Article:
Tim Geisert (18:22):

Troy Kanter (18:23):
Just use the [crosstalk 00:18:23].

Tim Geisert (18:23):
Yeah, because you want a good answer.

Troy Kanter (18:26):
And they’ll start talking and then just that alone, listening carefully, you’ll learn what kind of management did they respond the best to. Then, what sometimes you’ll get about 25 to 30% of the time is they won’t answer you again. They’ll talk about characteristic of sales managers, but they’ll never mention a name. So people that don’t mention a name, all of a sudden, again, there’s a couple red flags that go up. One, they didn’t listen to your question, which again, never predicts success as a sales person. Secondly, they lack relationship capacity. Throughout their career, they never built a meaningful relationship with someone that they’ve reported to that had huge influence on their life. So it gives you some warning signs there as well.

As I listen to that, I love the next follow up question is, if I was to sit down and have a cup of coffee with that person, how would they describe you? That again, starts to give you more insights into who they are as a person and they can’t fib it because all of a sudden you’ve got their name and now you can reach out to them and find them in today’s world. So you tend to get some integrity there. And then I love it and then just again, this isn’t a long interview. You move on the next question, just say, God, I appreciate that.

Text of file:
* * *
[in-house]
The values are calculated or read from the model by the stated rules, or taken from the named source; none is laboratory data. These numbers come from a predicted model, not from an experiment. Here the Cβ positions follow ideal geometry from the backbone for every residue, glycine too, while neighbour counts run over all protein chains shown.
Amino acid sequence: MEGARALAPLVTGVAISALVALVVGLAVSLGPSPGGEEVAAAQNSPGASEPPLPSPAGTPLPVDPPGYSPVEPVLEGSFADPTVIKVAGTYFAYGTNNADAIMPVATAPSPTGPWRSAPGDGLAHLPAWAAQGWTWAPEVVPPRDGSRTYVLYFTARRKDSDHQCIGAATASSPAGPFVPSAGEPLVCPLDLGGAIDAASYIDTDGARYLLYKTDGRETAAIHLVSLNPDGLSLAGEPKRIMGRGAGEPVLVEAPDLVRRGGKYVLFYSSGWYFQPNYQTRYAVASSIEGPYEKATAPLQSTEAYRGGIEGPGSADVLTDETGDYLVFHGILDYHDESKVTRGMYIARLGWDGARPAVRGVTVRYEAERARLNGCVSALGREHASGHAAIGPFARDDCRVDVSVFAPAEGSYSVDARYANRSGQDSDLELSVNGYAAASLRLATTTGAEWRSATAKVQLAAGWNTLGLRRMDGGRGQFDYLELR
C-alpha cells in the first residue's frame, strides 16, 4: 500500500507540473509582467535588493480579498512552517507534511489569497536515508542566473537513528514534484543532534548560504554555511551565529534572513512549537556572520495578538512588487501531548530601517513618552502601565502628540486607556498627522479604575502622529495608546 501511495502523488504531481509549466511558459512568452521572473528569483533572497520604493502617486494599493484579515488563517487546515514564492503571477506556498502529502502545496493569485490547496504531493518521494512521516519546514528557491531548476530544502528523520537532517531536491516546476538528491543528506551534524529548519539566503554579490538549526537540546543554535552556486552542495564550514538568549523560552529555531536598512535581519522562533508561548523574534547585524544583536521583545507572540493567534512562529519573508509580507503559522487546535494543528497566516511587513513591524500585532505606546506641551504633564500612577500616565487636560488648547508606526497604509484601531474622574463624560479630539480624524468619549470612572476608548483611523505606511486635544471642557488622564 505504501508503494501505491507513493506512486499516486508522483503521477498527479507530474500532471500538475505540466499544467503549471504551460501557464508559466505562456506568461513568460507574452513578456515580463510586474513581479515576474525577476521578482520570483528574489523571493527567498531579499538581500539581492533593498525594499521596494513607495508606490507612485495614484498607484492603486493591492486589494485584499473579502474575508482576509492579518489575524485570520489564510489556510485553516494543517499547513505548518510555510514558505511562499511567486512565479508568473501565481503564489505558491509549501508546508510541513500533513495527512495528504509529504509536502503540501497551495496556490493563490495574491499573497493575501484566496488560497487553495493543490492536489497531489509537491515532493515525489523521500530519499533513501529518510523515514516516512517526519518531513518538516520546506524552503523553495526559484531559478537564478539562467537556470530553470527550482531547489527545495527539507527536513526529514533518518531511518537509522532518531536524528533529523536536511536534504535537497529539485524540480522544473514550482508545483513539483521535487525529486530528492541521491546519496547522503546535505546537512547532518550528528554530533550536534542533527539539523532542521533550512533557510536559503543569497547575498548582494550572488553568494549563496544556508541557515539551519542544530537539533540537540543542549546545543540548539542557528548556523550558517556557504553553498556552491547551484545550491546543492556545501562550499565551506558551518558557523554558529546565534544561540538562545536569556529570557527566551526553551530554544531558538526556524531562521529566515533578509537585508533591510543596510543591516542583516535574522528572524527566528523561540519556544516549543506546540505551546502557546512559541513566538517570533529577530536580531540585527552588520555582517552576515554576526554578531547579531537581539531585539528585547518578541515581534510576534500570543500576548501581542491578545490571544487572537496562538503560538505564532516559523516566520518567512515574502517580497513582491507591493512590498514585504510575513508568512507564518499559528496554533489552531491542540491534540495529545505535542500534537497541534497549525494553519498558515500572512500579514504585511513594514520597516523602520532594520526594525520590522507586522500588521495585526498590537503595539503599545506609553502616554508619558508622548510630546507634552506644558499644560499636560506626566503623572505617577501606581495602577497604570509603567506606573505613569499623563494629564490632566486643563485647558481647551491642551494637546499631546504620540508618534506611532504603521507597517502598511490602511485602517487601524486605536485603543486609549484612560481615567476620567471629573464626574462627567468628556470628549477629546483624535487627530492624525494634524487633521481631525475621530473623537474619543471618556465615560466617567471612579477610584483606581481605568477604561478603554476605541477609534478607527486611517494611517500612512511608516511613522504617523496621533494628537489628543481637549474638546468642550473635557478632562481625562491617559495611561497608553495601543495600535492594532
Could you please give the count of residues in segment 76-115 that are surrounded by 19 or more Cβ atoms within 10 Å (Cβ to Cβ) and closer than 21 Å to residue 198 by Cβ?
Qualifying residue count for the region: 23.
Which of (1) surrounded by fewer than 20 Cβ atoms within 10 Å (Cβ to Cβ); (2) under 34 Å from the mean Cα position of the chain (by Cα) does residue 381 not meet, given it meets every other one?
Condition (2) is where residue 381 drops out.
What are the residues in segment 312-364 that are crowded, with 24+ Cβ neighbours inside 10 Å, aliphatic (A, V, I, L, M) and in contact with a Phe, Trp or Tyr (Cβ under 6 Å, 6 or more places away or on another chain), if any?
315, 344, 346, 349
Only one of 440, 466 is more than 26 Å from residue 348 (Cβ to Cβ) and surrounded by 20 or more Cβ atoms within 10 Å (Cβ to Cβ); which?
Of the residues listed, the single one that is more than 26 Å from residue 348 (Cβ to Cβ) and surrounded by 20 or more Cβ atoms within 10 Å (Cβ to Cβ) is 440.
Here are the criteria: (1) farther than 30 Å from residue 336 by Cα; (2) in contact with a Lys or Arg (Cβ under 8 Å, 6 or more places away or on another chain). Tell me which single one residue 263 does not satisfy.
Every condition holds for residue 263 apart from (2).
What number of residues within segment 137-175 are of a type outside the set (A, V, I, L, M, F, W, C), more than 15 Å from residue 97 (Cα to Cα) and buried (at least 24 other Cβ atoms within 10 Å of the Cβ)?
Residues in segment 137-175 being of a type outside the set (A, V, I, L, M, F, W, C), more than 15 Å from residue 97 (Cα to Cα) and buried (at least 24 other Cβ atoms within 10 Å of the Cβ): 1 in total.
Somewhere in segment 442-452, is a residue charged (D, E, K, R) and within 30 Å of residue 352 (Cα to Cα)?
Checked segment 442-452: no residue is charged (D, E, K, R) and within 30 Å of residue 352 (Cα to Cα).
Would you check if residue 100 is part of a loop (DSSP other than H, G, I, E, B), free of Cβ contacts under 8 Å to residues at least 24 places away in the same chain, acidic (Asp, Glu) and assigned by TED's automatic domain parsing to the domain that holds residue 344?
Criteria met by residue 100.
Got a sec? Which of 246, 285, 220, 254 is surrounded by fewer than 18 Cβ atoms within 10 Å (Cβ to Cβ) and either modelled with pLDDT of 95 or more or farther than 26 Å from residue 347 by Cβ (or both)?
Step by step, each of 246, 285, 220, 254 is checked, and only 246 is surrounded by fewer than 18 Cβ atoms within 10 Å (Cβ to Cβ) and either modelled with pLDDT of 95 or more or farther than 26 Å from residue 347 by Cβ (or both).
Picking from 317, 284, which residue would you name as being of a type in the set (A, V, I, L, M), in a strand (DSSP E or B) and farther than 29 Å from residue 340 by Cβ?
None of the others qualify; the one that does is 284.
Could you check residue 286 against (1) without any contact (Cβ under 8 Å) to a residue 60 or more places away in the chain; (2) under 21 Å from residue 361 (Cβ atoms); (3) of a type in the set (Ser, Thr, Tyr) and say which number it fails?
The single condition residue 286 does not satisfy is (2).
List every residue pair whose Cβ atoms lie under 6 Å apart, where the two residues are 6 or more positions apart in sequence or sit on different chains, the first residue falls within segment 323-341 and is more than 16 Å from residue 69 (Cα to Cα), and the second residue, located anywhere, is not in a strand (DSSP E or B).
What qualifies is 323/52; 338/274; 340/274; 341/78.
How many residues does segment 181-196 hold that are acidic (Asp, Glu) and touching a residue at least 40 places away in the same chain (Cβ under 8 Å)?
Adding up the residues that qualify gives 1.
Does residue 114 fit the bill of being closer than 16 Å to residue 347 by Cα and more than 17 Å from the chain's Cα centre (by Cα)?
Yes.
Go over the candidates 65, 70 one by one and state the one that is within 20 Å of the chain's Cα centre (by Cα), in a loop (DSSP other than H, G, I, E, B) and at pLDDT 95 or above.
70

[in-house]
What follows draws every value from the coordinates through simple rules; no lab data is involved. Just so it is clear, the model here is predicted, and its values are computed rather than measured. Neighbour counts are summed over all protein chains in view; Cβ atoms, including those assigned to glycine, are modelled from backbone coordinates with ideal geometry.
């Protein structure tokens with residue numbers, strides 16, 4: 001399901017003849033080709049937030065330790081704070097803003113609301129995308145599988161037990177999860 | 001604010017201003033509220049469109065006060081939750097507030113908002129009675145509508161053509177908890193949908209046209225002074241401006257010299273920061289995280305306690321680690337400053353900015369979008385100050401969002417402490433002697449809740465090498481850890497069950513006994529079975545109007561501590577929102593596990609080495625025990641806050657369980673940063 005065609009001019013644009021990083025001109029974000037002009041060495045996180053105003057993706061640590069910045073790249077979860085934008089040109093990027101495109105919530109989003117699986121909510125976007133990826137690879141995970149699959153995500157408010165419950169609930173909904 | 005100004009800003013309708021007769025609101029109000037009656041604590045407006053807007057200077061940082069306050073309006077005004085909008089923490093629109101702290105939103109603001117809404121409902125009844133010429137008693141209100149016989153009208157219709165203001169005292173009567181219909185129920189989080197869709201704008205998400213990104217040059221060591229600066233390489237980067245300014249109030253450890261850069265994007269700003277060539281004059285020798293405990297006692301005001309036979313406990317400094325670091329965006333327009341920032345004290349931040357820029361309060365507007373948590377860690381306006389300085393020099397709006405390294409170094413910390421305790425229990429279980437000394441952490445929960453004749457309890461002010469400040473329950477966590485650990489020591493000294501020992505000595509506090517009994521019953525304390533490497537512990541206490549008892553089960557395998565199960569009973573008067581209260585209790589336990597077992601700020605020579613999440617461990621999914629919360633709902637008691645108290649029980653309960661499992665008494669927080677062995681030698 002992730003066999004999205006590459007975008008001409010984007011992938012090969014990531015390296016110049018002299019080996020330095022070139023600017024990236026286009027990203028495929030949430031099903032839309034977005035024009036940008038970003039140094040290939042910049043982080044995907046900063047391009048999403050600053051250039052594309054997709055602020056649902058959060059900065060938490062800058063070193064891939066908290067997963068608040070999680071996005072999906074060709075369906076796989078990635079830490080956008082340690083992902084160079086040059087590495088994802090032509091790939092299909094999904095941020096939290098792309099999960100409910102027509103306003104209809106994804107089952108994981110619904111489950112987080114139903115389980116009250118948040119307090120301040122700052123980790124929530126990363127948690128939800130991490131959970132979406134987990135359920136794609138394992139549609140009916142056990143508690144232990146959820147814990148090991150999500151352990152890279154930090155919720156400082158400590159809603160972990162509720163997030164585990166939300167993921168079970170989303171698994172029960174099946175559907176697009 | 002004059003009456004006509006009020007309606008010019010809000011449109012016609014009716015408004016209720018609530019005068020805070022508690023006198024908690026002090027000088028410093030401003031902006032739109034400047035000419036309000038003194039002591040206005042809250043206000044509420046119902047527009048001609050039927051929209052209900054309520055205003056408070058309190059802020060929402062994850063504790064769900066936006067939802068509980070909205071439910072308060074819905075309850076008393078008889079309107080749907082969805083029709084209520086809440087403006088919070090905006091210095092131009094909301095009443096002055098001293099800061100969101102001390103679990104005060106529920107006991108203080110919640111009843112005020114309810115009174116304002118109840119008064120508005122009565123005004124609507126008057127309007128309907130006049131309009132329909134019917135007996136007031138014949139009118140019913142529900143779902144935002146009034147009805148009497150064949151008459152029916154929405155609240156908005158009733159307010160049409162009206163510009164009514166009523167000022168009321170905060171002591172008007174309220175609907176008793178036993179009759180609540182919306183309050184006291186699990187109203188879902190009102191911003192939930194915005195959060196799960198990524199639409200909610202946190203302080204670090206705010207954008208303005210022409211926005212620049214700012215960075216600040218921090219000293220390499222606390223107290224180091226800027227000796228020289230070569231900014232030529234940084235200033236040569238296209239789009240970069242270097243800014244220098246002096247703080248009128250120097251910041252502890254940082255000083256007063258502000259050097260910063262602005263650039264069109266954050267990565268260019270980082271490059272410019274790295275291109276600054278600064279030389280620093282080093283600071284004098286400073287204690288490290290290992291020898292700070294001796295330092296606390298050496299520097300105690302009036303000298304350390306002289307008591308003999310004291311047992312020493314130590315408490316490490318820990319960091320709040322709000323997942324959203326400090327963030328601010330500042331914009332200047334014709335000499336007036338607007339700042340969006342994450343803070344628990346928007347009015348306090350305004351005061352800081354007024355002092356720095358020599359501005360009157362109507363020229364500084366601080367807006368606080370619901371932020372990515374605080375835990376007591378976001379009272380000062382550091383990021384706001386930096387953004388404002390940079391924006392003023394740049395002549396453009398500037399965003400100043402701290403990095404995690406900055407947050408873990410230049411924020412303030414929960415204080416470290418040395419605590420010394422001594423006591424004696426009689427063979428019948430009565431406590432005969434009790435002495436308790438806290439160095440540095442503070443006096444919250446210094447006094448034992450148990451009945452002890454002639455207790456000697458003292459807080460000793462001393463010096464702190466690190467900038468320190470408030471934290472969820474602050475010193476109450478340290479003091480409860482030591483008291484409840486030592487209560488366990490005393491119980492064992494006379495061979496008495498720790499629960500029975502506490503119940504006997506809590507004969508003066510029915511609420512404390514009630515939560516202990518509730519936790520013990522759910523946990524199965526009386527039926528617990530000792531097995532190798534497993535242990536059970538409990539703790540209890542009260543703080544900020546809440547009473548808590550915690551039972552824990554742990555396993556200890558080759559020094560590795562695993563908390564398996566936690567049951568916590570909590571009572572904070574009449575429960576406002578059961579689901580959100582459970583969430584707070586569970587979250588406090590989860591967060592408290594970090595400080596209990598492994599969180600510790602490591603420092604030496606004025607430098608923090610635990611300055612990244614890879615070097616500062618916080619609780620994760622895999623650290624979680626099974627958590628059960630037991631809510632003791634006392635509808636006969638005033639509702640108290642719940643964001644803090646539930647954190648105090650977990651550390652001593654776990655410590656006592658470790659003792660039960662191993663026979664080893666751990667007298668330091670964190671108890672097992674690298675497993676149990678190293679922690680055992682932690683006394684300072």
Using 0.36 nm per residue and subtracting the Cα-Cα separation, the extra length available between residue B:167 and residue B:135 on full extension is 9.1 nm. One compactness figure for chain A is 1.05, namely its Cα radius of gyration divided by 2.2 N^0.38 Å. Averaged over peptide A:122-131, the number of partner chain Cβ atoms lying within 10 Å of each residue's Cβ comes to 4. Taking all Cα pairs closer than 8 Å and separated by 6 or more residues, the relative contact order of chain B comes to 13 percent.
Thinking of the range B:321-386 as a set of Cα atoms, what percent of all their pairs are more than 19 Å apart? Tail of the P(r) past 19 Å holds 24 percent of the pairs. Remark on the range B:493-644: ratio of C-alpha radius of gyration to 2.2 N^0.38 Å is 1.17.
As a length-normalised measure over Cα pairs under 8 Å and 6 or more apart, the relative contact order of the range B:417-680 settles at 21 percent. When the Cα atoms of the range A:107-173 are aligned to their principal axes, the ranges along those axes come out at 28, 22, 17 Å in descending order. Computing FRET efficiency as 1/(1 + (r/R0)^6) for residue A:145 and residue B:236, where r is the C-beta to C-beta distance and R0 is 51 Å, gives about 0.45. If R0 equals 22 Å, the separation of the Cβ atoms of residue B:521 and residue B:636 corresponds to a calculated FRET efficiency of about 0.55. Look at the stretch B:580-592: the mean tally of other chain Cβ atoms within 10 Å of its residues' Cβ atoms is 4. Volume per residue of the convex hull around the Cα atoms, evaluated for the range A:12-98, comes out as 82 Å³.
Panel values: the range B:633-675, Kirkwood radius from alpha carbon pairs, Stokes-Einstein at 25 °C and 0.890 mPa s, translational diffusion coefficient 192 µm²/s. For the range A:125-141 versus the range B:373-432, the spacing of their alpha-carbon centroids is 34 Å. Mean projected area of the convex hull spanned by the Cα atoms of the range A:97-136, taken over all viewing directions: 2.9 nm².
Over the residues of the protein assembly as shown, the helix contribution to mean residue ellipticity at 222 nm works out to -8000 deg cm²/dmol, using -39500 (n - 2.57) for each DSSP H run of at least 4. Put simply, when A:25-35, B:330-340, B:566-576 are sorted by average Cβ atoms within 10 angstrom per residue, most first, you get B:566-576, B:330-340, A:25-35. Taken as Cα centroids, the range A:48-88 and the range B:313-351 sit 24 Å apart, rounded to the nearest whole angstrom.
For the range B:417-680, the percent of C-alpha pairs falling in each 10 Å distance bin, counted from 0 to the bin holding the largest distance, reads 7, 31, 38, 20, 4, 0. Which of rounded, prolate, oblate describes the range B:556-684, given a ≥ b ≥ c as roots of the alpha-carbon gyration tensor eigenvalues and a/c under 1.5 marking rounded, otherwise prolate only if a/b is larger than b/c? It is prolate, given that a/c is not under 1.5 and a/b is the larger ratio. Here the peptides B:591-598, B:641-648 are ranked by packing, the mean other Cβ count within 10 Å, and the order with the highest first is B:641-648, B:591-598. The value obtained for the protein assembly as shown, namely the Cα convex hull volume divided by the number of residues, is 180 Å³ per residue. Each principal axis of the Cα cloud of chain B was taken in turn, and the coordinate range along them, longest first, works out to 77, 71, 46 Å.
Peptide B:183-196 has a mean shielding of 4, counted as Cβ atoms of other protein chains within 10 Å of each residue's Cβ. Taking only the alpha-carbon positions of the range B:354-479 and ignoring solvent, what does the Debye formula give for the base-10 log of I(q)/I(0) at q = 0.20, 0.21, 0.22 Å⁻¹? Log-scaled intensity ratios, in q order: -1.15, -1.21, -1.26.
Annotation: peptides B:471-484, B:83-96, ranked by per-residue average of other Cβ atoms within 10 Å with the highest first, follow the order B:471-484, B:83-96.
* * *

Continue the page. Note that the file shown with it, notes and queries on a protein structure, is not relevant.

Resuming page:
Now, let’s switch gears. Who’s the best salesperson you’ve ever worked for or ever worked with? Now they’re into the flow. They’ll start talking about it, describe them, and then I say, okay, well what did you admire about them? What did you learn from them? It’ll give you some insight into their selling style and insight into what they aspire to be as a seller.

Then again, the follow up is, if I was to sit down and have a cup of coffee with them or give them a call, how would they describe you? What would they say your greatest strengths are? Again, it just, it gives you such great insight into what their strength as a seller is as well as their relationship capacity.

Tim Geisert (20:38):
Yeah. I mean, so let’s take this and kind of put it into a real world situation. I mean, you’ve perfected this over the years and you’ve had these conversations. I mean, tell me about someone who just really kind of came to life in this process, that actually to our point of glare factors kind of revealed themselves as this person’s going to go kick some butt. This person’s going to make money for the company.

Troy Kanter (21:01):
Yeah, just even in my early days of building my first company, I remember one of the, an early interview. There was a young person who, their background was in the area of selling periodical display space.

Tim Geisert (21:21):
Periodical display space.

Troy Kanter (21:23):
They would go call on like-

Tim Geisert (21:24):
Like magazine racks.

Troy Kanter (21:25):
Yeah. Magazine racks.

Tim Geisert (21:25):

Troy Kanter (21:26):

Tim Geisert (21:26):

Troy Kanter (21:27):